Bee Stings, Kingdom Honey

I had an ah-ha yesterday, one that is going to impact my thinking for quite awhile. The word "Jeffrey" means "peace" or "the peace of God." When I learned that as a child, somewhere inside I took on that word as a kind of mantra, wanting to live out the meaning of my name. Jesus said peacemakers would be called "sons of God." I liked the sound of that. To this day, it gives me a sense of wholeness to be able to say to people "Go in peace" and mean it. I like keeping the peace, and take proverbs about turning aside anger with a soft word pretty seriously. As good as all that sounds, my peacemaking can sometimes be little more than an excuse to avoid reality and/or conflict. Stephen Sondheim says it best in Into the Woods: "Nice is different than good." Peacekeeping can slip into cowardly niceness pretty quickly. For some reason, God has this front and center in my mind these days, and I'm having to change some of how I approach things, saying truth more quickly and forcefully than I'm used to, and it's not terribly comfortable. All I can ask my friends to do is be patient as I figure this out. But truth is where I want to live, holding kindness high as I live there. But Carly Fiorina's statement at the Summit hit me between the eyes: "Truth is the kindest form of management." She meant management in business, but I think it's true in whatever you're managing, including yourself.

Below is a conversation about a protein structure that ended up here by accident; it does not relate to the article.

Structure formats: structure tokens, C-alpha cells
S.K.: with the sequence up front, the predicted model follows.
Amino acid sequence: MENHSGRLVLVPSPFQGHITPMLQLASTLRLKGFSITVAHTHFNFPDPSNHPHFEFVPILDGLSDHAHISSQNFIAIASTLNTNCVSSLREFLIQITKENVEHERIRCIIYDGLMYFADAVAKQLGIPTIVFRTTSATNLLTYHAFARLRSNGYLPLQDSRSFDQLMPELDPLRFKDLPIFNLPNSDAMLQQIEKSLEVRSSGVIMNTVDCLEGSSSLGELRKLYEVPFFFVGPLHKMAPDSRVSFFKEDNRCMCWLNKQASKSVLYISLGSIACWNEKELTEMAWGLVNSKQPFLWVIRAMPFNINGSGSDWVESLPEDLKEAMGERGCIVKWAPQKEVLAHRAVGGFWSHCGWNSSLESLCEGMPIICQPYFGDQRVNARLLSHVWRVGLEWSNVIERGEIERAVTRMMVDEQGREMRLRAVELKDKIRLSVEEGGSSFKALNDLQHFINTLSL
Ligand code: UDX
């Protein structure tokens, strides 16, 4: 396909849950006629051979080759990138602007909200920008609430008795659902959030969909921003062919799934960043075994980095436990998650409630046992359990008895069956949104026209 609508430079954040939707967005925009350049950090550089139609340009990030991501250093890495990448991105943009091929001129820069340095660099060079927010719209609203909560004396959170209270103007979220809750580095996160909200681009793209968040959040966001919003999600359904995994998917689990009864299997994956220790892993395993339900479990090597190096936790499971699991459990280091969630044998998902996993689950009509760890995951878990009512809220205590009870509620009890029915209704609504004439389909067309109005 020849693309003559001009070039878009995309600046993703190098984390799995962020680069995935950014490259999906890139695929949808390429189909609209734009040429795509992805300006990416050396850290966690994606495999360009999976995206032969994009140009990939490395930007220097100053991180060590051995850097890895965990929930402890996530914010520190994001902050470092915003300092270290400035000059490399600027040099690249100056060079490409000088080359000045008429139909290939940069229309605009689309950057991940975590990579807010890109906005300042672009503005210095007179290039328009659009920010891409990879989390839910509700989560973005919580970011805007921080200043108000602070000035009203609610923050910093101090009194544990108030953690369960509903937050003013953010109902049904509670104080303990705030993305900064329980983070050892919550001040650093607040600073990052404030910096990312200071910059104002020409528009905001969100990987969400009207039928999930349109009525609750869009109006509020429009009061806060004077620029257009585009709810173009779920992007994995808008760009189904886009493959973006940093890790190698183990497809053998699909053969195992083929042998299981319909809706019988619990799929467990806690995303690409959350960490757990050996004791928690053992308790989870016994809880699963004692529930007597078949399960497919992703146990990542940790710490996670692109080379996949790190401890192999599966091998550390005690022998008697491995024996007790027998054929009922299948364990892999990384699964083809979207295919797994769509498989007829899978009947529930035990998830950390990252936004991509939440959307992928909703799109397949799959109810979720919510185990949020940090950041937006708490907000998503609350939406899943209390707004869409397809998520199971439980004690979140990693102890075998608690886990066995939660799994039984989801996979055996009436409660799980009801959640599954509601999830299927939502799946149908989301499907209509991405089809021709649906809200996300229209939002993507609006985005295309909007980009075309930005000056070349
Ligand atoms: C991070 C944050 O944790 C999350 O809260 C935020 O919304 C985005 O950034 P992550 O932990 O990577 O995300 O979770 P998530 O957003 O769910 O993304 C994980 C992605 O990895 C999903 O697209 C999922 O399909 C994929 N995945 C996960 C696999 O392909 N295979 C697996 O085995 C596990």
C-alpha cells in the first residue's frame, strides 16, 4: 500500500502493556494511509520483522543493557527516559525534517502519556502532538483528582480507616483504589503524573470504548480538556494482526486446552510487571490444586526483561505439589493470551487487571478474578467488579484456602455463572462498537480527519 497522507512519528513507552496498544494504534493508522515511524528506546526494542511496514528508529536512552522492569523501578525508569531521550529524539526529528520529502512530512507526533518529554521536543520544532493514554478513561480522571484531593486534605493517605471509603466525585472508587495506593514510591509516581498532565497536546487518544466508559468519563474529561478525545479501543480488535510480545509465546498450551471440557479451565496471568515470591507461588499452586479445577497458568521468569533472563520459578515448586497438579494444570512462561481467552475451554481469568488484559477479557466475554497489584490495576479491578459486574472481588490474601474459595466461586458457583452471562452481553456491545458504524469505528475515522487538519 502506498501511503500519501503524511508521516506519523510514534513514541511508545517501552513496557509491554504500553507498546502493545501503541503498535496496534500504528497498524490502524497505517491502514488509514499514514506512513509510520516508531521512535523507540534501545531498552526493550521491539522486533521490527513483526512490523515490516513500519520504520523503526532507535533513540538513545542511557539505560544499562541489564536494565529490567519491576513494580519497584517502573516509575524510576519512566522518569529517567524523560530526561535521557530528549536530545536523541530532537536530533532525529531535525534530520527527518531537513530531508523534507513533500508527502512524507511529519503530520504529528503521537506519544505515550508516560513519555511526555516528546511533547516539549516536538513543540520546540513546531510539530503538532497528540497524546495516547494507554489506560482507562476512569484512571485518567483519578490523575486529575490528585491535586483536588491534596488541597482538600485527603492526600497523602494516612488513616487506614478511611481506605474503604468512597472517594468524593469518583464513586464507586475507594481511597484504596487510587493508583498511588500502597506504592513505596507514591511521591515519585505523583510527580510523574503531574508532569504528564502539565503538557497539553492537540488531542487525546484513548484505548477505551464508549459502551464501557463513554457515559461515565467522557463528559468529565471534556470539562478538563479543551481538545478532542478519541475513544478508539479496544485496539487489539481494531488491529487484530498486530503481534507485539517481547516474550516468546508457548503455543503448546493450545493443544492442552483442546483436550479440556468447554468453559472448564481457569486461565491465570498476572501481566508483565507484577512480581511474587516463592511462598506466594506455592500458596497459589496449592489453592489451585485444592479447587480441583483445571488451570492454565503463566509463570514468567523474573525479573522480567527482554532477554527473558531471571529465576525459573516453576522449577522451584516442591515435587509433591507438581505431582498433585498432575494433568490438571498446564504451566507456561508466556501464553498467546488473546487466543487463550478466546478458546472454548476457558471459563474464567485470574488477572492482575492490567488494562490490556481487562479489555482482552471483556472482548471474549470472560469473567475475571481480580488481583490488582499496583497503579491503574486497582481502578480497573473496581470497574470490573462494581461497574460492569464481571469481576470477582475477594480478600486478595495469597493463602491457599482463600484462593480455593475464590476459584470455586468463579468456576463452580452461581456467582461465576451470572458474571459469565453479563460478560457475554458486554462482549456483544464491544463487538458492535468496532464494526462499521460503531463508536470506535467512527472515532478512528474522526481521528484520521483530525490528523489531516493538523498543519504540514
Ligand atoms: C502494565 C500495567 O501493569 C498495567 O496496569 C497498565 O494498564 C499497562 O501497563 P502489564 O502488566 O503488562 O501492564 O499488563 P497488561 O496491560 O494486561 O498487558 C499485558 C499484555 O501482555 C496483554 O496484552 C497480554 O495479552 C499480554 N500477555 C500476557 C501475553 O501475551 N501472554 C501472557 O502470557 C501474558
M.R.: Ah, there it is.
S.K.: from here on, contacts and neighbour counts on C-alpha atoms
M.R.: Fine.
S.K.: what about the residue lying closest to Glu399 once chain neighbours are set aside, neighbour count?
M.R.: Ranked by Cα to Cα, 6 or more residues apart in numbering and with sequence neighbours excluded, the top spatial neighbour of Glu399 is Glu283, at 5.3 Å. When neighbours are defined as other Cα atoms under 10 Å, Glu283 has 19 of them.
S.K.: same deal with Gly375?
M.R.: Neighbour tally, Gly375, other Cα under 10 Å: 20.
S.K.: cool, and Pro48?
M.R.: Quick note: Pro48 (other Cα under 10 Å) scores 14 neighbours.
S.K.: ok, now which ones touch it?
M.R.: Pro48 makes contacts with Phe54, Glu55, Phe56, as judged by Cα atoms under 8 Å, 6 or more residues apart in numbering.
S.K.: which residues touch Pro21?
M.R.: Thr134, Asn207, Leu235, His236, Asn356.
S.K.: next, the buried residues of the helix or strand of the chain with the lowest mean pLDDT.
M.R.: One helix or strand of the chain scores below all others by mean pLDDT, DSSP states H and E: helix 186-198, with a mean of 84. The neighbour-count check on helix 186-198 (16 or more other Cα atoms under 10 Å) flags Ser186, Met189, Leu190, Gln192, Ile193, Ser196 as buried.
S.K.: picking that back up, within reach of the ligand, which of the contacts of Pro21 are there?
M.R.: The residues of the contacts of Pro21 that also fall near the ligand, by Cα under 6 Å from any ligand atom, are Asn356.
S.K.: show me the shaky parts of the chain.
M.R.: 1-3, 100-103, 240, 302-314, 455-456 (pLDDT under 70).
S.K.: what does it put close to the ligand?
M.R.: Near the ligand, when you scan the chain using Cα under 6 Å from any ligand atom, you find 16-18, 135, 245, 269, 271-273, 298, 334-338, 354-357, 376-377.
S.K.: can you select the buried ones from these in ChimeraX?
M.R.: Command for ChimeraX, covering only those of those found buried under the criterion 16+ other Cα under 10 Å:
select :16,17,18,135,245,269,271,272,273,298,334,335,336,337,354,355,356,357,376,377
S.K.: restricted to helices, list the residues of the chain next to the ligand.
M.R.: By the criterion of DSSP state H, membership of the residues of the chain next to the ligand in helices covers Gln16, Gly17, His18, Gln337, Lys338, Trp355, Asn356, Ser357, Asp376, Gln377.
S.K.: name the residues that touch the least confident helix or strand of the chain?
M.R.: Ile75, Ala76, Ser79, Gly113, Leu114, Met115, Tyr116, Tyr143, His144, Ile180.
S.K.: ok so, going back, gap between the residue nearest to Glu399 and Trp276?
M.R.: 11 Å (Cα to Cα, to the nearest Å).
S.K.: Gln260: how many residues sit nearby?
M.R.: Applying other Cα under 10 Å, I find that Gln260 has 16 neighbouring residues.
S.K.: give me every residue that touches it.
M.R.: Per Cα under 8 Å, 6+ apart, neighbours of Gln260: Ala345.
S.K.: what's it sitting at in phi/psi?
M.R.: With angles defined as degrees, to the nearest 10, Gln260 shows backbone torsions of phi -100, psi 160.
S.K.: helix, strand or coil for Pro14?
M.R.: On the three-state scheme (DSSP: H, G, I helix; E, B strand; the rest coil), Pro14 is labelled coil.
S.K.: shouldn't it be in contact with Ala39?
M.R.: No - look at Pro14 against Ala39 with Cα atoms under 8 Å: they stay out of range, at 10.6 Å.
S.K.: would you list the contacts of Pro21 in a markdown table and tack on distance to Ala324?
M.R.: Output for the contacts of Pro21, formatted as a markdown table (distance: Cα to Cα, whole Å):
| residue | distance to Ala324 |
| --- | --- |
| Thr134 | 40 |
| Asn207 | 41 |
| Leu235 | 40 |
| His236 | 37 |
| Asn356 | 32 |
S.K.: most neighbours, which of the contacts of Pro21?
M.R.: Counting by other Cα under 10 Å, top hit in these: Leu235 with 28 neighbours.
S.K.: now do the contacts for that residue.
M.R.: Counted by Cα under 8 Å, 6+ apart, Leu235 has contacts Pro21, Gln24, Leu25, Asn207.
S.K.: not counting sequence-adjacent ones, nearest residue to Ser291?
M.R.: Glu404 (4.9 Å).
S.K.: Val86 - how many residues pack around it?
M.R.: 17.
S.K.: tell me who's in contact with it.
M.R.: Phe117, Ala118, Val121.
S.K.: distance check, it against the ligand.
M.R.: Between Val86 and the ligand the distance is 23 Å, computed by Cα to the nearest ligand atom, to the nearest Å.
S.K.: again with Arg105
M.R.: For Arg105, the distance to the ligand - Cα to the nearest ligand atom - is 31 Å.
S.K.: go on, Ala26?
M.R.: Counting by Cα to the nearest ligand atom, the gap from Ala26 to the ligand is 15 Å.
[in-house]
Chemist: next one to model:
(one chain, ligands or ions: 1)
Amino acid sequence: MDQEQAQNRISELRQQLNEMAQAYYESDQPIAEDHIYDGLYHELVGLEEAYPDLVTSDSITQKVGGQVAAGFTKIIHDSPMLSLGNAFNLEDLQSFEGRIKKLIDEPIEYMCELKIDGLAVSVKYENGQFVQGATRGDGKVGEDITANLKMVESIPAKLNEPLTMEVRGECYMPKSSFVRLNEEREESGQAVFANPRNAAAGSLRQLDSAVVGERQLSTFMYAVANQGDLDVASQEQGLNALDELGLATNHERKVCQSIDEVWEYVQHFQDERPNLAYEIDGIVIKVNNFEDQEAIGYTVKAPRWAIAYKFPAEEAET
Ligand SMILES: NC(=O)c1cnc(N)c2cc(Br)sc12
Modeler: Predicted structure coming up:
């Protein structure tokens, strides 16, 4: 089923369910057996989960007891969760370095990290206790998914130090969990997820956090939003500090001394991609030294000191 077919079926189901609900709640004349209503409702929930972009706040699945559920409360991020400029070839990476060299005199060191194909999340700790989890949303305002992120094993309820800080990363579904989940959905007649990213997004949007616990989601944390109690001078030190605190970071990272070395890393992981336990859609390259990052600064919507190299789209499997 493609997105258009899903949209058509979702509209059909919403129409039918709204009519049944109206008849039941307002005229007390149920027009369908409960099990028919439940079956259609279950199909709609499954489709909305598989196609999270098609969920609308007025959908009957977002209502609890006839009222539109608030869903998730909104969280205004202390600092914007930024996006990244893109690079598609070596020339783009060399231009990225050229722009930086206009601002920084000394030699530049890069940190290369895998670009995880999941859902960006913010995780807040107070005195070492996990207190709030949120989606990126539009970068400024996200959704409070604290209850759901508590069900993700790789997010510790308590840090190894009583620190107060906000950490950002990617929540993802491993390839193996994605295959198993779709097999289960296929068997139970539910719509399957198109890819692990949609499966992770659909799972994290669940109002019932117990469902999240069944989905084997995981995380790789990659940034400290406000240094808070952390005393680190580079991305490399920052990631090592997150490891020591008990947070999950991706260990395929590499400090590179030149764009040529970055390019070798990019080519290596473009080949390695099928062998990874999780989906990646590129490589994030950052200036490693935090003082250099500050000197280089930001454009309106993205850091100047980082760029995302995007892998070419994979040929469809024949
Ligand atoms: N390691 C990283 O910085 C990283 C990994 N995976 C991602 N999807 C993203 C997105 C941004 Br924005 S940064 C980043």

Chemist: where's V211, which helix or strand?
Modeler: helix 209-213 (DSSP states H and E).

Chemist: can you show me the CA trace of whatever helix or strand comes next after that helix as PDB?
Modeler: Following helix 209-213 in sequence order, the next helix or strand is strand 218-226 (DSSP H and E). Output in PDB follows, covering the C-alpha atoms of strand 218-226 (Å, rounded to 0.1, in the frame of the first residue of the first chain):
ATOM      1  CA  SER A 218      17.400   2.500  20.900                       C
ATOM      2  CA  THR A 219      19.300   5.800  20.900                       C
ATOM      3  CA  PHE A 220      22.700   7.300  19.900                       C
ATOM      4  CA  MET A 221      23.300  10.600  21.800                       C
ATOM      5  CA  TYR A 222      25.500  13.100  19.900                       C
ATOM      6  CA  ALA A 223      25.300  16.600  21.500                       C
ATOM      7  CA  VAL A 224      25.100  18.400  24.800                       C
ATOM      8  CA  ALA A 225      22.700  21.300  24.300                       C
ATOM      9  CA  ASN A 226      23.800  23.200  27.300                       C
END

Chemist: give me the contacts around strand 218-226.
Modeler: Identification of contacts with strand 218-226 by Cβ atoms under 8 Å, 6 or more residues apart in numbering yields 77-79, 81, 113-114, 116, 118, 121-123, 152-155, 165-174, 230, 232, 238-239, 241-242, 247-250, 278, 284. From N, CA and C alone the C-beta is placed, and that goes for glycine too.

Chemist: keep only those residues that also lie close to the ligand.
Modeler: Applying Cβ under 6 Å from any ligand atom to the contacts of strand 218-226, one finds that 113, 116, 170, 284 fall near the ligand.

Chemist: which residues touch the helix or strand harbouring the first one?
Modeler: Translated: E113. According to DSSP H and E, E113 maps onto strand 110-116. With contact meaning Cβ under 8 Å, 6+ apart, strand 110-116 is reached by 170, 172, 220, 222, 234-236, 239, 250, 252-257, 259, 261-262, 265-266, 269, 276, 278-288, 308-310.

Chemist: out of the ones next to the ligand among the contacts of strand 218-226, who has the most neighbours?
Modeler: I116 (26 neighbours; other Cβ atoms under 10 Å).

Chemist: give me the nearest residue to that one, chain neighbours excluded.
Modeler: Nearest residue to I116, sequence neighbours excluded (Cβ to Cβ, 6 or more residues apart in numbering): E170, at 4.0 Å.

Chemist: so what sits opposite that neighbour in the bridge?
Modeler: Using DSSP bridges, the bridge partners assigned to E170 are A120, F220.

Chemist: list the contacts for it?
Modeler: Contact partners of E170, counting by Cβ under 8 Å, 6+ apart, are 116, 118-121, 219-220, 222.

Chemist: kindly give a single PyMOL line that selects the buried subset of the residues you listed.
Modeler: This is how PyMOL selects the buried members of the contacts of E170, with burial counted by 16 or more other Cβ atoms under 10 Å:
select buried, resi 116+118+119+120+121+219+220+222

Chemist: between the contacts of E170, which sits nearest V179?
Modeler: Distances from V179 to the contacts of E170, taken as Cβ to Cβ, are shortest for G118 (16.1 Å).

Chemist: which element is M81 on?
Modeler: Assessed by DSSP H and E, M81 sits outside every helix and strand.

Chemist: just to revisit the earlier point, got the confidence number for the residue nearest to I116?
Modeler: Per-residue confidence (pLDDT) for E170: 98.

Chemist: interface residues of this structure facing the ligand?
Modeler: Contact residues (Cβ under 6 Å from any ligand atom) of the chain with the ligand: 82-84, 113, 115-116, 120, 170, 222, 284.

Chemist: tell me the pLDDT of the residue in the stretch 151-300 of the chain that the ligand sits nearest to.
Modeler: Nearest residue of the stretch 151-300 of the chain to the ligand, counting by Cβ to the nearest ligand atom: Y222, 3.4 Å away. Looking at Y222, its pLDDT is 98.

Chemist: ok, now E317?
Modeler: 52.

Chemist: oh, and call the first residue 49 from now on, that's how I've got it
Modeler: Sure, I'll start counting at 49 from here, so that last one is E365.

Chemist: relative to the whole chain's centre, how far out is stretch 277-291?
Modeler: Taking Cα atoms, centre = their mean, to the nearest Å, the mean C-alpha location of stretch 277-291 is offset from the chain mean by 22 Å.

Twitter-Dee, Twitter-Dumb

It's fun to stay on top of things, noodling the most entertaining tweets from my Tweetdeck. But I may be reaching the cliff called Overload.  If not, I can sure see it from here. Sensory overload always been an occupational hazard of living inside this particular brain.  I go into libraries, stop at the door, …

To See

Two weeks ago, I preached a sermon that was the beginning of a new series at church I'm simply calling "The Jesus Lab: Discovering and Practicing the Artful Action of Jesus."  I'm borrowing an idea from the world of acting, wondering out loud what Jesus was doing from moment-to-moment, asking the question the way I …

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